The extortion trial of the former Bangladeshi Prime Minister, Sheikh Hasina, has formally begun.
Sheikh Hasina says the charges are a ploy to keep her from office
The case centres around the accusation that money was paid to the government for permission to build a power plant.
But the businessman who filed the case told the court that it was not Sheikh Hasina who had demanded the payment, but one of her cousins.
Sheikh Hasina and family members deny receiving payments of about $435,000 from the businessman from 1996 to 2001.
Dozens of high-profile figures have been arrested on corruption charges by the emergency government which came to power with the army's support a year ago.
The special court set up on the grounds of Bangladesh's defunct parliament to try this case - after numerous adjournments - heard from Azam J Chowdhury, the owner of a power company.
He said that in 2000 he was asked to pay a bribe to get the government's clearance to build a new power plant.
Khaleda Zia also denies corruption
He said a government minister, Sheikh Selim, the cousin of the then Prime Minister, Sheikh Hasina, demanded this money, saying that some of it would go to Sheikh Hasina herself.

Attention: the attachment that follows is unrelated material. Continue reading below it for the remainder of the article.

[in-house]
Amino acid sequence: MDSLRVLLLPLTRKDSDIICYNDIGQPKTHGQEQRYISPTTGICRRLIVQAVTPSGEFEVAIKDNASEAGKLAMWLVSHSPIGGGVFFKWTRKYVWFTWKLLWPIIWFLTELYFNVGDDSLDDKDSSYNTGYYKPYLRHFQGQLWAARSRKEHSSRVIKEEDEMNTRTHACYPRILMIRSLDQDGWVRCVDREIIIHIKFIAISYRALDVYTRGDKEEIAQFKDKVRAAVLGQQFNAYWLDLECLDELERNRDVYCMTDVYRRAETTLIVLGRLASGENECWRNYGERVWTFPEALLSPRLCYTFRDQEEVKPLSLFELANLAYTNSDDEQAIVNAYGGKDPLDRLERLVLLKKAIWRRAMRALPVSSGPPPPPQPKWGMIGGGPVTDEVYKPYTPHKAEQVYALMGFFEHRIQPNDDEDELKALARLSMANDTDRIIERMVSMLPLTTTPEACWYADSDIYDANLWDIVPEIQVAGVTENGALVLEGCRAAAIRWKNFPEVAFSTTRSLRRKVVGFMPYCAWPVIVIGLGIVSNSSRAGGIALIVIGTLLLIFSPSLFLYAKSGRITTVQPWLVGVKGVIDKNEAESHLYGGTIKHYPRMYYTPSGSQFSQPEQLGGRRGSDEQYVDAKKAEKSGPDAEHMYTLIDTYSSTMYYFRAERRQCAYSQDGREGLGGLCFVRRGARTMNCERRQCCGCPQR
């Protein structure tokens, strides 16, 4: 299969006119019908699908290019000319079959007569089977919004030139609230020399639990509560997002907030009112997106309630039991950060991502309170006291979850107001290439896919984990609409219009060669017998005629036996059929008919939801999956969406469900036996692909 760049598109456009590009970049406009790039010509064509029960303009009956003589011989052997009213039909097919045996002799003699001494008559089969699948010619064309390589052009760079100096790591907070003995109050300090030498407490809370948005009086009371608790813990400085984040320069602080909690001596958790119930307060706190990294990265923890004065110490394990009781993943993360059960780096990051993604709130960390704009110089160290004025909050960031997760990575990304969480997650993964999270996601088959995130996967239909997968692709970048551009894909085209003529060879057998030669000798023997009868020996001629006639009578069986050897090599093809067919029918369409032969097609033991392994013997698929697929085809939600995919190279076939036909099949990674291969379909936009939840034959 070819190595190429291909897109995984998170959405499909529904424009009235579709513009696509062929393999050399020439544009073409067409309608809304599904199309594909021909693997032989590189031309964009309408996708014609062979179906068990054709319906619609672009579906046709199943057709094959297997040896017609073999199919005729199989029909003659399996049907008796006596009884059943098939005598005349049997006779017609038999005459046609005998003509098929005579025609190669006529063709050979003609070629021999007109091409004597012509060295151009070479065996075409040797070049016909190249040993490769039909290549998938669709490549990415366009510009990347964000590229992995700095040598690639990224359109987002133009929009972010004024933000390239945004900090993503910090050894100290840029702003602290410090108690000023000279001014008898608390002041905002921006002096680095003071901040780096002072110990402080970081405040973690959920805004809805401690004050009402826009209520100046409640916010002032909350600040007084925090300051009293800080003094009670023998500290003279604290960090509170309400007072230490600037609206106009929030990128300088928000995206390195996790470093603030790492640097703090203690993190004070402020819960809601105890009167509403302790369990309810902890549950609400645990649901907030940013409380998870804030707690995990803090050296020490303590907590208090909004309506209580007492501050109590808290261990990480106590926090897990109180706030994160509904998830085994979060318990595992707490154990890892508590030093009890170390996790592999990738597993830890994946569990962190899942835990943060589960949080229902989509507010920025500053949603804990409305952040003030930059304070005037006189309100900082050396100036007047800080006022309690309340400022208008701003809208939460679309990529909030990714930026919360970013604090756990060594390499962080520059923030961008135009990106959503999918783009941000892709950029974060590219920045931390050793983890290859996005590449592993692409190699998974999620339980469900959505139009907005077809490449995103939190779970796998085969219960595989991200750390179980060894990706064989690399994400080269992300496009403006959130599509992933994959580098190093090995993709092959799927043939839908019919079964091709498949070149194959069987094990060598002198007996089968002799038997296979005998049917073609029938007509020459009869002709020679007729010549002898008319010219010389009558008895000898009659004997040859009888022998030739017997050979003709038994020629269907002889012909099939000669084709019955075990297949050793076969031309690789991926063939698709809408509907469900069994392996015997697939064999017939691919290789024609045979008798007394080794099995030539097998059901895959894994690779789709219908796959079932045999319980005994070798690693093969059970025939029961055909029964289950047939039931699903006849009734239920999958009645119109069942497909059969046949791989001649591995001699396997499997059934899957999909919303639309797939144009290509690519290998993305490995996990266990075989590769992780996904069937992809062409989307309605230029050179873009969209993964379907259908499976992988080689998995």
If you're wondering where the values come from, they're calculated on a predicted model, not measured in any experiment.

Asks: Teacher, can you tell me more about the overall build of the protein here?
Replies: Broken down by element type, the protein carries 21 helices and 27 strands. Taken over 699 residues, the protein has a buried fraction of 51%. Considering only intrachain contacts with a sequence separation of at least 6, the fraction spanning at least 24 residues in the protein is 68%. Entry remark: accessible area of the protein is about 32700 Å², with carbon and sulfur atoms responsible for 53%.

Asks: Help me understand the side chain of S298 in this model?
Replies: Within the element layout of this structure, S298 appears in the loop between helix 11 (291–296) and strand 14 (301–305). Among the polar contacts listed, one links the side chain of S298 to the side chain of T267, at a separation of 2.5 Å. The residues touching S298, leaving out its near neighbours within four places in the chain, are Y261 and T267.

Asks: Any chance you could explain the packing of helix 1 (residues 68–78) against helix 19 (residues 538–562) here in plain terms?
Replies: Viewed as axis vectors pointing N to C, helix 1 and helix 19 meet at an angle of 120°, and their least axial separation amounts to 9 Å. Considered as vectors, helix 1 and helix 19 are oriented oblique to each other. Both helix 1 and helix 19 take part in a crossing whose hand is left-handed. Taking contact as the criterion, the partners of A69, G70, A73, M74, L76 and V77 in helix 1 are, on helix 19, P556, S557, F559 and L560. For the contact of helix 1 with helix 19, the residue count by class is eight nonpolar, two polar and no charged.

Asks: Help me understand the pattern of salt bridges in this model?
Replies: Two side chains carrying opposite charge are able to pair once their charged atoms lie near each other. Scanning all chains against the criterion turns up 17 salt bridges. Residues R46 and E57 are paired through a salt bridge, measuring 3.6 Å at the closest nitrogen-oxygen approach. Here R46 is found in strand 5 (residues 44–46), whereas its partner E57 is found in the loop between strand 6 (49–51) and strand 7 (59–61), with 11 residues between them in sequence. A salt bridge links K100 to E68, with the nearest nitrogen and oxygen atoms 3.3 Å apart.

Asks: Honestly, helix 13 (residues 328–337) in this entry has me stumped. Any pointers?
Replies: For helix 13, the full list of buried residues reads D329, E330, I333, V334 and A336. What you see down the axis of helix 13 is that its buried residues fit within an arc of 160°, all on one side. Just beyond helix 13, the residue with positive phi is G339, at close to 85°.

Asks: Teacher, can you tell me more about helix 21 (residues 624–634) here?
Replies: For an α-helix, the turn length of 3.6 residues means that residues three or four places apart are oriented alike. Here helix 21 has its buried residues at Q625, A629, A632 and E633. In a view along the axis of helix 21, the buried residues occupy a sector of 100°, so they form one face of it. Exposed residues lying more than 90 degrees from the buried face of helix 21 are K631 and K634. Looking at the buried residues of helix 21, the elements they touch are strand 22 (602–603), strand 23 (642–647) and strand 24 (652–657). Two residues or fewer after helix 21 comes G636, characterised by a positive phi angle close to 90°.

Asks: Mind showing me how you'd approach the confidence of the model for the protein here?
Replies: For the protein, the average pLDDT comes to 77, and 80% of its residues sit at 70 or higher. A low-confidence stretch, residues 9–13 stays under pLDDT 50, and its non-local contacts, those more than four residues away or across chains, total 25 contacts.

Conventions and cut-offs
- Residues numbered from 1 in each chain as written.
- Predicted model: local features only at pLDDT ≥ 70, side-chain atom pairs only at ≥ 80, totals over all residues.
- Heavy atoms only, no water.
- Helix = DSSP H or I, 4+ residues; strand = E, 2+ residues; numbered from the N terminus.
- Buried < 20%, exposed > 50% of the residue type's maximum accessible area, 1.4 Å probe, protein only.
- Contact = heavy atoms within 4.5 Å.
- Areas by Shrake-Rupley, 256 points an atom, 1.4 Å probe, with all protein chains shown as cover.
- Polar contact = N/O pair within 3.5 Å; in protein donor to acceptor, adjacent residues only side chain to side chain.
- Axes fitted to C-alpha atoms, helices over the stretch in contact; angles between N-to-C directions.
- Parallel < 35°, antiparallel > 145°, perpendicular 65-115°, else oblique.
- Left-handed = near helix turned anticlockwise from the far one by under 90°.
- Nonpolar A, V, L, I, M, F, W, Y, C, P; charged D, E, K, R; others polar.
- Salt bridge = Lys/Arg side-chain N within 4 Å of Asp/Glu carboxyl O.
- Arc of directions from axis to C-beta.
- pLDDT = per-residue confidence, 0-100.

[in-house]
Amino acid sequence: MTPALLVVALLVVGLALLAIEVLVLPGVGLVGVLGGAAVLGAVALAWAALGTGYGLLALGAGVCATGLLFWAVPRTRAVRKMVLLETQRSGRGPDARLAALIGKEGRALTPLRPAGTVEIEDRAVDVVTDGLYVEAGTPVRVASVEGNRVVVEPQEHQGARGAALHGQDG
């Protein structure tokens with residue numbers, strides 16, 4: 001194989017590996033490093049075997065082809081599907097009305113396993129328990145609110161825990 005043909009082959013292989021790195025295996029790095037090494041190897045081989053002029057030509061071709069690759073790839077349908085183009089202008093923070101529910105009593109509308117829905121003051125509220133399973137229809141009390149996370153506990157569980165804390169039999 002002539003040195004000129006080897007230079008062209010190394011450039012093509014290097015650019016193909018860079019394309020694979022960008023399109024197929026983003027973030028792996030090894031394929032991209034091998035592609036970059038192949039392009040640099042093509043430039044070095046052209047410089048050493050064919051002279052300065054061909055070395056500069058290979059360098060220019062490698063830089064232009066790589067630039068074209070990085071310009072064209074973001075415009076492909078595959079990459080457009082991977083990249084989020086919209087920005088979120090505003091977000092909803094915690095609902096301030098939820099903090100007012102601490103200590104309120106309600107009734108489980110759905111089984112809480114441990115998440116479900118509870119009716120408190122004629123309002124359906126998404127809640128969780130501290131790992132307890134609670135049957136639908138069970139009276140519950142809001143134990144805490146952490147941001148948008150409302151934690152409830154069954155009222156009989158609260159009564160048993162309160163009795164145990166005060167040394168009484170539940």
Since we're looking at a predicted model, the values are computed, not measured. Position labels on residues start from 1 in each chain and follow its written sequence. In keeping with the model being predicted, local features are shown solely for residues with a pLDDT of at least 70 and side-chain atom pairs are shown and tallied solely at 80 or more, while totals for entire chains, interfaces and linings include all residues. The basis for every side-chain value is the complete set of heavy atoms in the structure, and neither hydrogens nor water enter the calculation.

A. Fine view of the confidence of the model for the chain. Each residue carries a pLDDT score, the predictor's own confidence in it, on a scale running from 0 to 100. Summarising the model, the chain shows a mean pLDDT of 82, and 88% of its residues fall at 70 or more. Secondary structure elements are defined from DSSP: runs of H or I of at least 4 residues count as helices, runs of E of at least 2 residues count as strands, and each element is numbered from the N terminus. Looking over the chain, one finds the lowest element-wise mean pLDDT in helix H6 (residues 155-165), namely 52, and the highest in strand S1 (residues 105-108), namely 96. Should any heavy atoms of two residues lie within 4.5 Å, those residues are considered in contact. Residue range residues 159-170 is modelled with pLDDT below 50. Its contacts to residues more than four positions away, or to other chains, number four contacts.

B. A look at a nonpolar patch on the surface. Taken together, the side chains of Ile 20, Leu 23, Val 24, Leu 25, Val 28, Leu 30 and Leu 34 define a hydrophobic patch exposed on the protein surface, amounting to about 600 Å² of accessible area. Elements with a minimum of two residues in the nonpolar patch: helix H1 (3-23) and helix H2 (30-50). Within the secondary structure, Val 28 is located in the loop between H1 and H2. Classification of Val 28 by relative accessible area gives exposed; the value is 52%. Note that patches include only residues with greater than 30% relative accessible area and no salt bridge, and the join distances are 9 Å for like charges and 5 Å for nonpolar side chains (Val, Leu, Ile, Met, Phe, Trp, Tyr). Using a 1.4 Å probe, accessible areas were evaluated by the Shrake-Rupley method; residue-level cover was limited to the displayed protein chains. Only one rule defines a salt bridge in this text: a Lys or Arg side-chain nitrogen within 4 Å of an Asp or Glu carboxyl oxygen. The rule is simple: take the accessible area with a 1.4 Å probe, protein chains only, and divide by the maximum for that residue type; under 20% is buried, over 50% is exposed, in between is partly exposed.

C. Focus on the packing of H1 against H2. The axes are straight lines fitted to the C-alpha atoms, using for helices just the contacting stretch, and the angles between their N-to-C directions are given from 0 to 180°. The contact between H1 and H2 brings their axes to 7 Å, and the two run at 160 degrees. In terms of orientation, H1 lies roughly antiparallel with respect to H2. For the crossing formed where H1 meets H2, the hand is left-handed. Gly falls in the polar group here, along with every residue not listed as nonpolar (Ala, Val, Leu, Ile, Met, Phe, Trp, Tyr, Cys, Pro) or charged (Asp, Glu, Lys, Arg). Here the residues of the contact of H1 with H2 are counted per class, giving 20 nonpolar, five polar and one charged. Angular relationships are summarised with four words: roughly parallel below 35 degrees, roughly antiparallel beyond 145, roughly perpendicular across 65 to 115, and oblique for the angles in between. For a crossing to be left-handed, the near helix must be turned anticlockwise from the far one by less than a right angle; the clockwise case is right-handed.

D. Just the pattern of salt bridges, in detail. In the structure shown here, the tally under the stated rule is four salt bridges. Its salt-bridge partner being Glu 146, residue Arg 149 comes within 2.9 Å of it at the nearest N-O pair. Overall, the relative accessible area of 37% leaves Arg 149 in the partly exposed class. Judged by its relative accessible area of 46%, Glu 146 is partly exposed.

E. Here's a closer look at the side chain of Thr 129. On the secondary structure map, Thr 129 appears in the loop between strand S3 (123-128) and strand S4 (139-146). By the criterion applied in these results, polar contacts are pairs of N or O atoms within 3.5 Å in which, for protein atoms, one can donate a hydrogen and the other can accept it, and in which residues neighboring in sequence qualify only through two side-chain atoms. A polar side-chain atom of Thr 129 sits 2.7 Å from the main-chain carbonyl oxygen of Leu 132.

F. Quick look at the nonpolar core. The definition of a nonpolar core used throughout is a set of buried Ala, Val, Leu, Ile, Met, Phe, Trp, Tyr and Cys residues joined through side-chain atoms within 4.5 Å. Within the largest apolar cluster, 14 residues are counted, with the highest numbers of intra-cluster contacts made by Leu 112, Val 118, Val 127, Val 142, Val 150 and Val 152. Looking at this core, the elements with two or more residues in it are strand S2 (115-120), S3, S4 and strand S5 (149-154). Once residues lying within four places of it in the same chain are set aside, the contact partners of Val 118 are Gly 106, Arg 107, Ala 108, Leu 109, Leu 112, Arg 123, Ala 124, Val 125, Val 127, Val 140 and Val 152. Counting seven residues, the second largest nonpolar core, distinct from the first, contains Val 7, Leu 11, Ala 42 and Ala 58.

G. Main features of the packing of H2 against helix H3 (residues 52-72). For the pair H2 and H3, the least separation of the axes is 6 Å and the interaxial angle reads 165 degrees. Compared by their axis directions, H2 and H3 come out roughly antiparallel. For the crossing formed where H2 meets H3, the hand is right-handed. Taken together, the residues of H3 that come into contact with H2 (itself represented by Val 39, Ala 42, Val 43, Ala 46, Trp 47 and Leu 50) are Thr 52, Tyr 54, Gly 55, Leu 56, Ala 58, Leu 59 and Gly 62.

Mr Chowdhury said he did not have any direct contact with Sheikh Hasina himself.
The former prime minister has denied the charge, saying that the government's anti-corruption drive is politically motivated.
Sheikh Selim has also denied the charges, and claimed he was tortured into making a statement implicating Sheikh Hasina.
Their lawyers say they could face at least five years in jail if found guilty.
The trial of another former Prime Minister, Khaleda Zia, on similar charges has yet to start.
The two women - leaders of the Bangladesh Nationalist Party and Awami League respectively - alternated as leaders of the country for 15 years until October 2006.
They have accused the government of wanting to prevent them from standing in elections which it has promised to hold by the end of the year.
The government says the two politicians are responsible for turning Bangladesh, one of the world's poorest countries, into one of its most corrupt.
Correspondents say that if they lose their court cases, both Sheikh Hasina and Khaleda Zia will almost certainly be banned from participating in the elections.